<name>Docs and Ed Test Provider</name>
      <link href="/api/identity_providers/64" rel="self"/> 
Make note of the self-link href that is associated with the identity provider you want. You will specify this href when creating users that are linked to this identity provider. The identity provider href never changes after it is created, so discovering your provider is generally a one-time operation.

Preconfigure a New User with SAML

Create a User

Before a user is created in RightScale, make sure the user is set up with an account with your SAML identity provider. You can only create or modify a user's authentication settings in RightScale when they are connected to your SAML identity provider. Creating a user with SAML access in RightScale is similar to creating a non-SAML user, the only difference being the two additional parameters that need to be specified: identity_provider_href and principal_uid. The identity_provider_href is what is returned from the GET identity_providers request. The principal_uid has to be the unique identity information (the SAML NameID or Subject) that your identity provider associates to the user. This is usually an email address, but its format can change depending on how you have configured your identity provider.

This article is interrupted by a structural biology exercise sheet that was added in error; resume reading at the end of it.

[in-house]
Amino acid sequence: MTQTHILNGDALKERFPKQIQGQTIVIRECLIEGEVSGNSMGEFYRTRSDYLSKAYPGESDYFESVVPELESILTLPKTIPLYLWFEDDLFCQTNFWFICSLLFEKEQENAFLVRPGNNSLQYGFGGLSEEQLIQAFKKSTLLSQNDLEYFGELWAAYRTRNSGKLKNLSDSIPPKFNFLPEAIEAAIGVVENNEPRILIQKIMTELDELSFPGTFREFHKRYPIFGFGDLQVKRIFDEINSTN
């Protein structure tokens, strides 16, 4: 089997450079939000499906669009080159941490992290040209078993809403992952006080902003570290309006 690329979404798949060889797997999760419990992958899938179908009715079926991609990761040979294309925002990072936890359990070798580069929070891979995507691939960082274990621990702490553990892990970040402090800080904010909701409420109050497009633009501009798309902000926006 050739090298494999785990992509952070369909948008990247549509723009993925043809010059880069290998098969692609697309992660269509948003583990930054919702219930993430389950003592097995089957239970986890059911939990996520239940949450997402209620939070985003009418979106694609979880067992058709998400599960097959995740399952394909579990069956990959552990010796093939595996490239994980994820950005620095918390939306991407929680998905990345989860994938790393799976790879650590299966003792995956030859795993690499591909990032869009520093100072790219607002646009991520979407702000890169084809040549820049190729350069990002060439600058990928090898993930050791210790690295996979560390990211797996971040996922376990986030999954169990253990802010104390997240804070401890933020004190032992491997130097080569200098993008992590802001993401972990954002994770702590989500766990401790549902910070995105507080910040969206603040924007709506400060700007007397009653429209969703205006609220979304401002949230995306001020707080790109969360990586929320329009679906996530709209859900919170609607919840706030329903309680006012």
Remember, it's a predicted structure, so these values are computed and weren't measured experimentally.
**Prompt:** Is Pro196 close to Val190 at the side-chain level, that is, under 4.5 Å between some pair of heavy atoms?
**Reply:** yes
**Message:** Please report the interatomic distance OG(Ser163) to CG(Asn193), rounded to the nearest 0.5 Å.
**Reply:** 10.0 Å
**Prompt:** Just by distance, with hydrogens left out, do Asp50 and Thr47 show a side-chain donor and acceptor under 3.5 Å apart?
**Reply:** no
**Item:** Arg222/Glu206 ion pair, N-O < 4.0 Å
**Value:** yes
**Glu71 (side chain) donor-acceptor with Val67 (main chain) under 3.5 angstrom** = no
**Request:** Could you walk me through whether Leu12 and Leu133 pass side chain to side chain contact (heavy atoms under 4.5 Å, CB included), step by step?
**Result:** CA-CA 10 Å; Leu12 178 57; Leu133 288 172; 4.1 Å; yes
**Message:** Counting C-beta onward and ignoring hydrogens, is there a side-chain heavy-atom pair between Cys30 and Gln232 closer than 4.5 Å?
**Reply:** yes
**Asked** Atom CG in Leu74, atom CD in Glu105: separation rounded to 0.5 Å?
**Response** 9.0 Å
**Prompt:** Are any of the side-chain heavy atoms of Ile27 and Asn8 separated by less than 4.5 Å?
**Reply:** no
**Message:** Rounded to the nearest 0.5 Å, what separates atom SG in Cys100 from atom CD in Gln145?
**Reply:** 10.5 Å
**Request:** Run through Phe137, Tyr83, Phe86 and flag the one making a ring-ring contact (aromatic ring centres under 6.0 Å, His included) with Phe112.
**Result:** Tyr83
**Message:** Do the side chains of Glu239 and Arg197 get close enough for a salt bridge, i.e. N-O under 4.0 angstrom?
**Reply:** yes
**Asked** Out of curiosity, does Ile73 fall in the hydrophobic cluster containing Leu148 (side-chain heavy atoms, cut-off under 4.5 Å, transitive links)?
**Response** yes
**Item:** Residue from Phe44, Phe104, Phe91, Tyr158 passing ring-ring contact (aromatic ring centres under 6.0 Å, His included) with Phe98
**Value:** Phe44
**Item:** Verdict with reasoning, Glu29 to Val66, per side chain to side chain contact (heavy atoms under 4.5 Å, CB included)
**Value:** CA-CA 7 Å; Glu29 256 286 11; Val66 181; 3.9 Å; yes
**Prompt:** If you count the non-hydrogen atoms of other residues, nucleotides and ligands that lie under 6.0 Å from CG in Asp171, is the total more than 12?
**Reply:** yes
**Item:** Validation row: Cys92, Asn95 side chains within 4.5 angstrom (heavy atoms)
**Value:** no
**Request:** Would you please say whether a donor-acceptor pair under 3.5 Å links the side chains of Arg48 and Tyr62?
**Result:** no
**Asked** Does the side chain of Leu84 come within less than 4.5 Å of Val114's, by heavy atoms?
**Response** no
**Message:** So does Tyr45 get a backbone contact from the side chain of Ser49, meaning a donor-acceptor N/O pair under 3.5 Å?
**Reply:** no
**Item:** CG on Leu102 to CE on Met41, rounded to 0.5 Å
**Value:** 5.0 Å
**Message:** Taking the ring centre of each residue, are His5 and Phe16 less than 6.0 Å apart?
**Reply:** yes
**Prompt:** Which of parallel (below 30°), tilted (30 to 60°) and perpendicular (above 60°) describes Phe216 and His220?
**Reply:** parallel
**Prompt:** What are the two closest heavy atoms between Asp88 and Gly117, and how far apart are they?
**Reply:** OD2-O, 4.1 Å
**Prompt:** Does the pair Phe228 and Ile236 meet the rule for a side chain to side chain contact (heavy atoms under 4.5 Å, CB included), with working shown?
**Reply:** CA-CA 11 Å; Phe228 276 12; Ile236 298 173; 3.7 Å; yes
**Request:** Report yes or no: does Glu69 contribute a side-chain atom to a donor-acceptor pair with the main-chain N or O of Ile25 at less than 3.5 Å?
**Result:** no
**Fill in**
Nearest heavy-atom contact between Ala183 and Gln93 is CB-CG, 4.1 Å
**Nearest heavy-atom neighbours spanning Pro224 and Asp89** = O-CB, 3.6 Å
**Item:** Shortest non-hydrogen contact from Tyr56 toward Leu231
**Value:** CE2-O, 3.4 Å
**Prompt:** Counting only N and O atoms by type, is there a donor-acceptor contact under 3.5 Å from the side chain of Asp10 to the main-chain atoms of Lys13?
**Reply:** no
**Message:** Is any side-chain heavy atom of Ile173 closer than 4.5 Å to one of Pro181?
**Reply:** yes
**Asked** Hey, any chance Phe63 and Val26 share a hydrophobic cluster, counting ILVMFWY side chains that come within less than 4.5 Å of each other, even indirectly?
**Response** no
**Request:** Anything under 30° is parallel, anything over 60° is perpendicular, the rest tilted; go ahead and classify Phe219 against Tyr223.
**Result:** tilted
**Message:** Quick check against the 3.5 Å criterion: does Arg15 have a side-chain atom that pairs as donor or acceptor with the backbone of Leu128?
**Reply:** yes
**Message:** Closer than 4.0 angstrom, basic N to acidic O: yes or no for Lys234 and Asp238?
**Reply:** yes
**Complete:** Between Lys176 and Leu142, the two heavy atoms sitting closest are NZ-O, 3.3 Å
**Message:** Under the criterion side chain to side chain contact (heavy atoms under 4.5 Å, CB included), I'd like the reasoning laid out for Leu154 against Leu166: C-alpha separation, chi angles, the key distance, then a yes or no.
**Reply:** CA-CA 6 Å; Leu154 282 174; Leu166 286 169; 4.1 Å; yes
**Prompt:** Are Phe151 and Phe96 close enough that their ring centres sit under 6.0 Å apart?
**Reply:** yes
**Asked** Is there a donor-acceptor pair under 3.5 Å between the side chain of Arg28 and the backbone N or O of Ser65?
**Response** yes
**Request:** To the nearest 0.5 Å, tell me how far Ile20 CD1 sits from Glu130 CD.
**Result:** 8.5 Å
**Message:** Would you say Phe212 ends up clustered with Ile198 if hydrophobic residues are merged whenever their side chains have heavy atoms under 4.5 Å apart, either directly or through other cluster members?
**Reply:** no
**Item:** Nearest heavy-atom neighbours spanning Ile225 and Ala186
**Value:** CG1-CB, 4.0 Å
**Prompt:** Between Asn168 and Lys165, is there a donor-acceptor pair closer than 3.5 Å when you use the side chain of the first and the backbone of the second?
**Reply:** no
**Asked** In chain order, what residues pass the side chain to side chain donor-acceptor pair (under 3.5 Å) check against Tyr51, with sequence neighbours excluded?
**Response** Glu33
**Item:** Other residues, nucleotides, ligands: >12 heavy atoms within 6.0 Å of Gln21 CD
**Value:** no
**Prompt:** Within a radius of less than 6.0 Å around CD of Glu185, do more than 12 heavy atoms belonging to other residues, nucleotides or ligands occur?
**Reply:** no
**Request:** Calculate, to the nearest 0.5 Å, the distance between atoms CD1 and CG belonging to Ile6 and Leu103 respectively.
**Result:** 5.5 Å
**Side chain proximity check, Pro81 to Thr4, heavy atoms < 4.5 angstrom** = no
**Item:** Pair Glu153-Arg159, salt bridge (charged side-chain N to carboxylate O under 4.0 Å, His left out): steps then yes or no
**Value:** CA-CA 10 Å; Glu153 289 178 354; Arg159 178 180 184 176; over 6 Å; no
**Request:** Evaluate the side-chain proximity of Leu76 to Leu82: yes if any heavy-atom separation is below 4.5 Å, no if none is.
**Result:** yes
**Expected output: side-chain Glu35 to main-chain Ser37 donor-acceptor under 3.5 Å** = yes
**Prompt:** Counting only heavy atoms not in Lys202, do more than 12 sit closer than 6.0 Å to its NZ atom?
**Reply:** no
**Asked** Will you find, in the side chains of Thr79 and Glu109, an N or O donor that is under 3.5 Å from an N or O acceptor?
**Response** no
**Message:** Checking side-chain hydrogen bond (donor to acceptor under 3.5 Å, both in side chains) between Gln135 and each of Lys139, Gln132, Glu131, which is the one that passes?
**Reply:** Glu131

• It's possible to enable a current RightScale user's with SAML settings. See Update a Current RightScale User with SAML to do this.
  • Be careful using special characters when you input information, for example, adding "-" or "()" to the phone number can cause errors. 
Example Call
curl -i -H X_API_VERSION:1.5 -H "Authorization: Bearer $access_token" -X POST \
 -d user[email] \
 -d user[company]='Example Company' \
 -d user[phone]=1234567890 \
 -d user[first_name]=John \
 -d user[last_name]=Doe \
 -d user[identity_provider_href]='/api/identity_providers/64' \
 -d user[principal_uid]='' \

Example Response

HTTP/1.1 201 Created
Server: nginx/1.0.14
Date: Tue, 08 Jan 2013 18:07:15 GMT
Content-Type: text/html; charset=utf-8
Transfer-Encoding: chunked
Connection: keep-alive
Status: 201 Created
Location: /api/users/64522
X-Runtime: 488
X-Request-Uuid: 63ddefa1840844a1a2069efb8546270a
Cache-Control: no-cache

Make note of the href of the new user. In the example above, the location specifies the user href: /api/users/64522.

Manage Permissions for a SAML User

Create Permissions